Remote Facilitation

Even years into remote work, I feel like people are not doing meetings well. There is more to changing to remote meeting than just pressing the right buttons. Remote facilitation requires a different mindset and a slightly different set of skills.

macbook pro displaying group of people remote facilitation

  • Introduce everyone – They didn’t have a chance to do it before the meeting, allow time to catch up and be social. Maybe everyone knows one another, maybe they don’t but ice breakers get the meeting moving much better in a remote world than they did in person.
  • Engage people – “Does anyone have any questions?” isn’t enough, in fact, it is a bad question. Ask “What questions do you have?” It sets the mindset that there should be questions and makes them come easier.
  • Keep to brief monologues – if you have to monolog keep it to short segments, you aren’t that interesting. Don’t feel bad, most of us aren’t. And talking non-stop for a even a few minutes can cause your audience to alt-tab to their email.
  • Know that conversation is slower – Non-verbal cues. If you want your non-external processors to engage you have to be even more comfortable with silence. Tell people you are going to allow 10 seconds for people to process and get their thoughts in order before allowing for conversation. It really helps people who like to think before they speak, unlike me who likes to think as I speak.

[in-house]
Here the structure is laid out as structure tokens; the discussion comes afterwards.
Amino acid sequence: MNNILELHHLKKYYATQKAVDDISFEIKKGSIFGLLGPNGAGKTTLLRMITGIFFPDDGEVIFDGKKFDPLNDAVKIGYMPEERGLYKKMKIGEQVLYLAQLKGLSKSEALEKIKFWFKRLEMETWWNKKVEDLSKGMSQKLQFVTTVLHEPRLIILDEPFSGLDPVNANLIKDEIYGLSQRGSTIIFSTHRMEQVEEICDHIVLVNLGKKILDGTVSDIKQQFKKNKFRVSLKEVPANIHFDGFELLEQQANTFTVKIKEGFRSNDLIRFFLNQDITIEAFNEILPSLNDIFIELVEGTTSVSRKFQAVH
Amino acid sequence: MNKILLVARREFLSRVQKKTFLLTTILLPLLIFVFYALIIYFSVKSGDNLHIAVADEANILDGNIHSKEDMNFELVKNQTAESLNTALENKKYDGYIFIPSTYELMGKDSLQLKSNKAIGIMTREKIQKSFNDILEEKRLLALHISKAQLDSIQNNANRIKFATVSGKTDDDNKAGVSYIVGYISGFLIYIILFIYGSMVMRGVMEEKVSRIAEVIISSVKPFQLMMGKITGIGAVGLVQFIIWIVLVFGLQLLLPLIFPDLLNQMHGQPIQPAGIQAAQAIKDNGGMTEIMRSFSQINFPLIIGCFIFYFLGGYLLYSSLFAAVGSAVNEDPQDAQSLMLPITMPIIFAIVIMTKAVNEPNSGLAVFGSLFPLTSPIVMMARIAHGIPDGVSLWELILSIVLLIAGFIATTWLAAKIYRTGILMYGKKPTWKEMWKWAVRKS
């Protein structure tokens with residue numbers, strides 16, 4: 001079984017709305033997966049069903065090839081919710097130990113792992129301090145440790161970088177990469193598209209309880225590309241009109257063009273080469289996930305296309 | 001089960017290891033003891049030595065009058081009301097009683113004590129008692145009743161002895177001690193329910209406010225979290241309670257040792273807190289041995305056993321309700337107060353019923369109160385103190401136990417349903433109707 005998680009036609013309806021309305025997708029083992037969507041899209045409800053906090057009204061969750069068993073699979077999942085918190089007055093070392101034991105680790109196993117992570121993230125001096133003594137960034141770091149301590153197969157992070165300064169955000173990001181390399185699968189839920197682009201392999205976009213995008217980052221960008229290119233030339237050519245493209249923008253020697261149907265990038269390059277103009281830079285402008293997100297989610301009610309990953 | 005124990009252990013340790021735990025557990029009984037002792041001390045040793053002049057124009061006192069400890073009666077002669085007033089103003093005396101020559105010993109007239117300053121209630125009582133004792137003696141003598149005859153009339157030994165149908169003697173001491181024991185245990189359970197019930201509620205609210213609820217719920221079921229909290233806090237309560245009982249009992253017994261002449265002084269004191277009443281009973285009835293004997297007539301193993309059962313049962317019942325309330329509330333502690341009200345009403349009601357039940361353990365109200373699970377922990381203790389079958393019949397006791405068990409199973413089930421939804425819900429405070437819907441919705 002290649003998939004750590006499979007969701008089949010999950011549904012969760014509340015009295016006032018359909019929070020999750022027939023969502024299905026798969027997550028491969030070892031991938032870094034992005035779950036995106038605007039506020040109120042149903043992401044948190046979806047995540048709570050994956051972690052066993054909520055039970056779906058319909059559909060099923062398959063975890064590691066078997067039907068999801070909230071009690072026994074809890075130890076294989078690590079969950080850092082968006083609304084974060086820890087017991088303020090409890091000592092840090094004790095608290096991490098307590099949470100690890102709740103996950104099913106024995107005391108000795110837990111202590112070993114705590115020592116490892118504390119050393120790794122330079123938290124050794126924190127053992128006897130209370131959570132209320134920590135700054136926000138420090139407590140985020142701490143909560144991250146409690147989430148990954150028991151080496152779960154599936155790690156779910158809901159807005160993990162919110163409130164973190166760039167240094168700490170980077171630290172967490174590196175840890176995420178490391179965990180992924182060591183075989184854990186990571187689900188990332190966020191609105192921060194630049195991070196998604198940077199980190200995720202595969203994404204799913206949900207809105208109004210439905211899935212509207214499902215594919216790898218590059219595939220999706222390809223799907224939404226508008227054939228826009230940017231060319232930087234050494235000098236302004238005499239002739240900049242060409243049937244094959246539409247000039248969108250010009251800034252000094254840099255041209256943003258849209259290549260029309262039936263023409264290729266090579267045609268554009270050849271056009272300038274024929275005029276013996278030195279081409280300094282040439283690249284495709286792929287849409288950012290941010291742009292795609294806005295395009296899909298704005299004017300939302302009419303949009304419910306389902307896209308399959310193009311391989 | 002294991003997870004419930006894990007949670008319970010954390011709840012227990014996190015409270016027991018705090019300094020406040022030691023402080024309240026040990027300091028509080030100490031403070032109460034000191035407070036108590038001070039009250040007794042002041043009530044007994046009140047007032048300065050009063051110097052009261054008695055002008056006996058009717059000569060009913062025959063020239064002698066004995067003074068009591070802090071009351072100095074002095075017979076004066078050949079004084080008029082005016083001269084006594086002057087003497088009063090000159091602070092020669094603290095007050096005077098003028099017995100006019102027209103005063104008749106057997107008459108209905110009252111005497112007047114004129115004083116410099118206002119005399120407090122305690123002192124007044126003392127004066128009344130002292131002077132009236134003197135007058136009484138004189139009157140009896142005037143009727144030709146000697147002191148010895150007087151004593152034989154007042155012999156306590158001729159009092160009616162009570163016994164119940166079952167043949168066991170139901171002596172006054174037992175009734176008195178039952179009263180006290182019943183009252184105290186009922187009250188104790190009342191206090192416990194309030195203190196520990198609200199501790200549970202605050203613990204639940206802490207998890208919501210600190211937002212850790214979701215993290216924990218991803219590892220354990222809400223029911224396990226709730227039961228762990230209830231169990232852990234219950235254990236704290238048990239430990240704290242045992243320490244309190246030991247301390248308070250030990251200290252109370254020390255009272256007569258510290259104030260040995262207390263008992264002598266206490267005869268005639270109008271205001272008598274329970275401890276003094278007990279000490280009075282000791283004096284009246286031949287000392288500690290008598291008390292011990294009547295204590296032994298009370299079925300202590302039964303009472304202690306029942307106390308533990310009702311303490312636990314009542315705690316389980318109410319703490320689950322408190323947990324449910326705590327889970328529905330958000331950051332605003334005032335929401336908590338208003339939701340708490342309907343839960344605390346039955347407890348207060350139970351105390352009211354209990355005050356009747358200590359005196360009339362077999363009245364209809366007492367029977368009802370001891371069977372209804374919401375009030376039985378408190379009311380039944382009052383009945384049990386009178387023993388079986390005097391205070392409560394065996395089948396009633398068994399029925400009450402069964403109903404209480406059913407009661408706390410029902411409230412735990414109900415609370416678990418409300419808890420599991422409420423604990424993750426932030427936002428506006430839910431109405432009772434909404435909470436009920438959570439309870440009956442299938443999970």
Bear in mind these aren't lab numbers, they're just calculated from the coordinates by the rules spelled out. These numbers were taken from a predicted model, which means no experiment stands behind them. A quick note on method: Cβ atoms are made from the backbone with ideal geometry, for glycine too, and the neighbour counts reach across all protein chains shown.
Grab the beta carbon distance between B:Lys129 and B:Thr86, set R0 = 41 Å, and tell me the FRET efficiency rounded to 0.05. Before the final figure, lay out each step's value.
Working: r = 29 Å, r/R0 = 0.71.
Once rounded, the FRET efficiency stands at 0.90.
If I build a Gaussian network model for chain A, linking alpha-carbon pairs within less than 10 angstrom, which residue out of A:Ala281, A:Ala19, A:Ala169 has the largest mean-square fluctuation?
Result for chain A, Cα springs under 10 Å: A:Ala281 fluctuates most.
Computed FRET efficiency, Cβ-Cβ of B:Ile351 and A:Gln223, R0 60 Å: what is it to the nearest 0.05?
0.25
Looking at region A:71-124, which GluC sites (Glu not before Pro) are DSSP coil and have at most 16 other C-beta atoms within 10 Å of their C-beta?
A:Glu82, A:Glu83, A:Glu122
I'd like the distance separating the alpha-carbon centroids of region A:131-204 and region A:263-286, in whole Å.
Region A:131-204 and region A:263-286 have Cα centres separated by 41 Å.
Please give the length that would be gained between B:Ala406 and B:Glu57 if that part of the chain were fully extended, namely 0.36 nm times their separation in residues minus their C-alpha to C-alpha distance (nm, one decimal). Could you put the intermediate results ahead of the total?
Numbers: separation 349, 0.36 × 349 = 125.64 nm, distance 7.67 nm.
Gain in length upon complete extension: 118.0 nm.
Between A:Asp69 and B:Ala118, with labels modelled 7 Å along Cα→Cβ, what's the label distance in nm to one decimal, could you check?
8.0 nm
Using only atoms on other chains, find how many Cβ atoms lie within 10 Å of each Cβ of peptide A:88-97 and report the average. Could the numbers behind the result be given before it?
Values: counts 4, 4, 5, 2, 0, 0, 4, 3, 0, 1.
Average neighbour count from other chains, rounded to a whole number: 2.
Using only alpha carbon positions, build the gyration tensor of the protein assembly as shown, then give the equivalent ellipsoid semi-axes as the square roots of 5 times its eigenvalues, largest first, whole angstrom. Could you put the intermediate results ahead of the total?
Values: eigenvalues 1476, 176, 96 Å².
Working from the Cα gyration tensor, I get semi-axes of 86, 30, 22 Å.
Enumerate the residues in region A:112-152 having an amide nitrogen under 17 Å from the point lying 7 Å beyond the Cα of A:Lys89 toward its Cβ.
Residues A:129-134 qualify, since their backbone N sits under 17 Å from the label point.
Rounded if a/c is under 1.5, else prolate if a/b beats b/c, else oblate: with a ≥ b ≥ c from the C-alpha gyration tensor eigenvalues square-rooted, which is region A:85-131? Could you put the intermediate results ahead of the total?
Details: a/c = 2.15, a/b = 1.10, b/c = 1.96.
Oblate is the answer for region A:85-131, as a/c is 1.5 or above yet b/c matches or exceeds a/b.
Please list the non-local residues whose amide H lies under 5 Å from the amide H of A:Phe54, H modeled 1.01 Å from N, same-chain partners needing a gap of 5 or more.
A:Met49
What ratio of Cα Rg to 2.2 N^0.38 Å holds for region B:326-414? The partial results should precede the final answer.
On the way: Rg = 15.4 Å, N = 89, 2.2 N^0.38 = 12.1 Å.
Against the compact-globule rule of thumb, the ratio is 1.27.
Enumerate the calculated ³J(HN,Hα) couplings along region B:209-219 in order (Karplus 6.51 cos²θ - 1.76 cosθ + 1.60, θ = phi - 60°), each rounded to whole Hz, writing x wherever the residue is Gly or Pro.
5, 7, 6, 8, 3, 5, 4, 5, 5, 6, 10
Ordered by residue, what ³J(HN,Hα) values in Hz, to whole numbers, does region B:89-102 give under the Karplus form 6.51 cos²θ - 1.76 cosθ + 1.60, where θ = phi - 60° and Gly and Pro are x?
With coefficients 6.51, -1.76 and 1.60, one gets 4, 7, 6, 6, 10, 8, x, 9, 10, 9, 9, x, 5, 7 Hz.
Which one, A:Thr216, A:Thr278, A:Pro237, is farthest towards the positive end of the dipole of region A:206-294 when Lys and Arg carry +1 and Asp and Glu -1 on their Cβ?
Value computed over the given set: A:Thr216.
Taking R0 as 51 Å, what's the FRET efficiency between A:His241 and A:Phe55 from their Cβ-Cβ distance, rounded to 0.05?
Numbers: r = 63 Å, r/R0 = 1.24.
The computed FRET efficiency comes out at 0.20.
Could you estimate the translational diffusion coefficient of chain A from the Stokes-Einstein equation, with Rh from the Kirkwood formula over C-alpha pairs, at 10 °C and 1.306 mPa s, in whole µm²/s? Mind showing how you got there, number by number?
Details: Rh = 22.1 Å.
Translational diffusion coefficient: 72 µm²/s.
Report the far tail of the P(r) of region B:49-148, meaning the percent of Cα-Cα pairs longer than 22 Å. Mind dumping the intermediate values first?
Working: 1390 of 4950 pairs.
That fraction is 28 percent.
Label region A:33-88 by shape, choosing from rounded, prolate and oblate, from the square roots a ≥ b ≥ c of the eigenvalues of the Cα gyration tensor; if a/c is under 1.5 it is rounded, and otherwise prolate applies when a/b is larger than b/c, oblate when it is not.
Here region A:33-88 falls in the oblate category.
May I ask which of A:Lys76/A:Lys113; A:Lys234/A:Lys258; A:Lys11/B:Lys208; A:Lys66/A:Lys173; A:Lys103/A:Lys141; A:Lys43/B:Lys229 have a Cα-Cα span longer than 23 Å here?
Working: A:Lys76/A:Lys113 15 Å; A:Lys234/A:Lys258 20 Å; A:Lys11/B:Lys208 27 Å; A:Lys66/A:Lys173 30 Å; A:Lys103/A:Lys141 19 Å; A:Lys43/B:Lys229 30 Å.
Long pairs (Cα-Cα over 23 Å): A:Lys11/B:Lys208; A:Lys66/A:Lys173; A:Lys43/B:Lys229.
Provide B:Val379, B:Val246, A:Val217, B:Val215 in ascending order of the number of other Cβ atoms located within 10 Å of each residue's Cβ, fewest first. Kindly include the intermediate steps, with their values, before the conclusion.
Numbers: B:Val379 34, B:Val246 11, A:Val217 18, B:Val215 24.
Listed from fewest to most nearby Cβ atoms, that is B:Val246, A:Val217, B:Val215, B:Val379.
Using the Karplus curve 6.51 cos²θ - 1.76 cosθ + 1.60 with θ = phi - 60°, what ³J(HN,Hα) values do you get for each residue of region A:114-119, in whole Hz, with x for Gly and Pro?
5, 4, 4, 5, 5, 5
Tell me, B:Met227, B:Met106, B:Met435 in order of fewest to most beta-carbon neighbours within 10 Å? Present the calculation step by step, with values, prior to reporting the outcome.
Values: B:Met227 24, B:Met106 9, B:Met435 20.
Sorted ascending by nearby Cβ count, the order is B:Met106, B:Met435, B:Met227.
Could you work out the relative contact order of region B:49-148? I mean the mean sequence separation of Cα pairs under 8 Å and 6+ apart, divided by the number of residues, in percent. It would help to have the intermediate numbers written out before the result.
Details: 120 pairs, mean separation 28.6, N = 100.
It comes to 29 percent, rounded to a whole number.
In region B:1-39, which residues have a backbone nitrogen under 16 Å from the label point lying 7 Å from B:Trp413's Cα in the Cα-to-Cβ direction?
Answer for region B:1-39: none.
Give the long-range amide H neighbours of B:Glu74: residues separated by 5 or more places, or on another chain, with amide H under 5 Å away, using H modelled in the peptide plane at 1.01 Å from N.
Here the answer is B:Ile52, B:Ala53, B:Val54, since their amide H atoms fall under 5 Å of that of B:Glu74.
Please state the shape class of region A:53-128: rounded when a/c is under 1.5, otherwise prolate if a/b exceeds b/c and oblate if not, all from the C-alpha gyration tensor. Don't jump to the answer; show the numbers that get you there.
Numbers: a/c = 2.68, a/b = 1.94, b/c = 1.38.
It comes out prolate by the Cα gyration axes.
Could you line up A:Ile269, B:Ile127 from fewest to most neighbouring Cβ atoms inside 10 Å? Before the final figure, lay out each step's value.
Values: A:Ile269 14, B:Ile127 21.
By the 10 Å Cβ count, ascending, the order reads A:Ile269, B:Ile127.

This challenge is surmountable in remote workshops and online meetings. Restricting conversation during some segments, allowing everyone the chance to speak for limited periods or having people ask questions in text chat before the facilitator then selects which to address can be effective.
  • Mute everyone to get started – background noise is distracting if people don’t mute themselves most software has a mute all button for the host. Just let everyone know so they aren’t talking away on mute.
  • Cofacilitate if possible – Having two people talk and have a conversation is much more interesting than listening to one person drone on. People can put questions in chat if you have a second person keep an eye on what is happening in the chat. This will also allow for breakout rooms.
  • Use different methods – breakouts, brainstorming, games, polls, quizzes, icebreakers. There are tons of ways to engage people like polleverywhere or other
  • The right people and the right number – Getting the right number of people in a remote room is important. You can only have a conversation with so many. Zoom allows you to break into smaller “rooms” if you need groups for a workshop or something.
  • Take breaks – Zoom fatigue is a real thing. Allow more time than normal if you are in a long meeting to take a bio break. On those breaks, stretch, do push-ups or something to keep you body healthy.
  • Record it – if for no other reason than to see how you did, but it is also helpful for those people you didn’t invite because you were trying to keep to the right number of people.
  • Turn on camera’s – I know not everyone is a fan of this, but we get so much info from non-verbal information that it is really important to see one another. It also helps us to connect because a face is more of a connection than just a voice.

What about you, what are your favorite remote facilitation tips? Tell me in the comments below.

Jason Fisher Written by:

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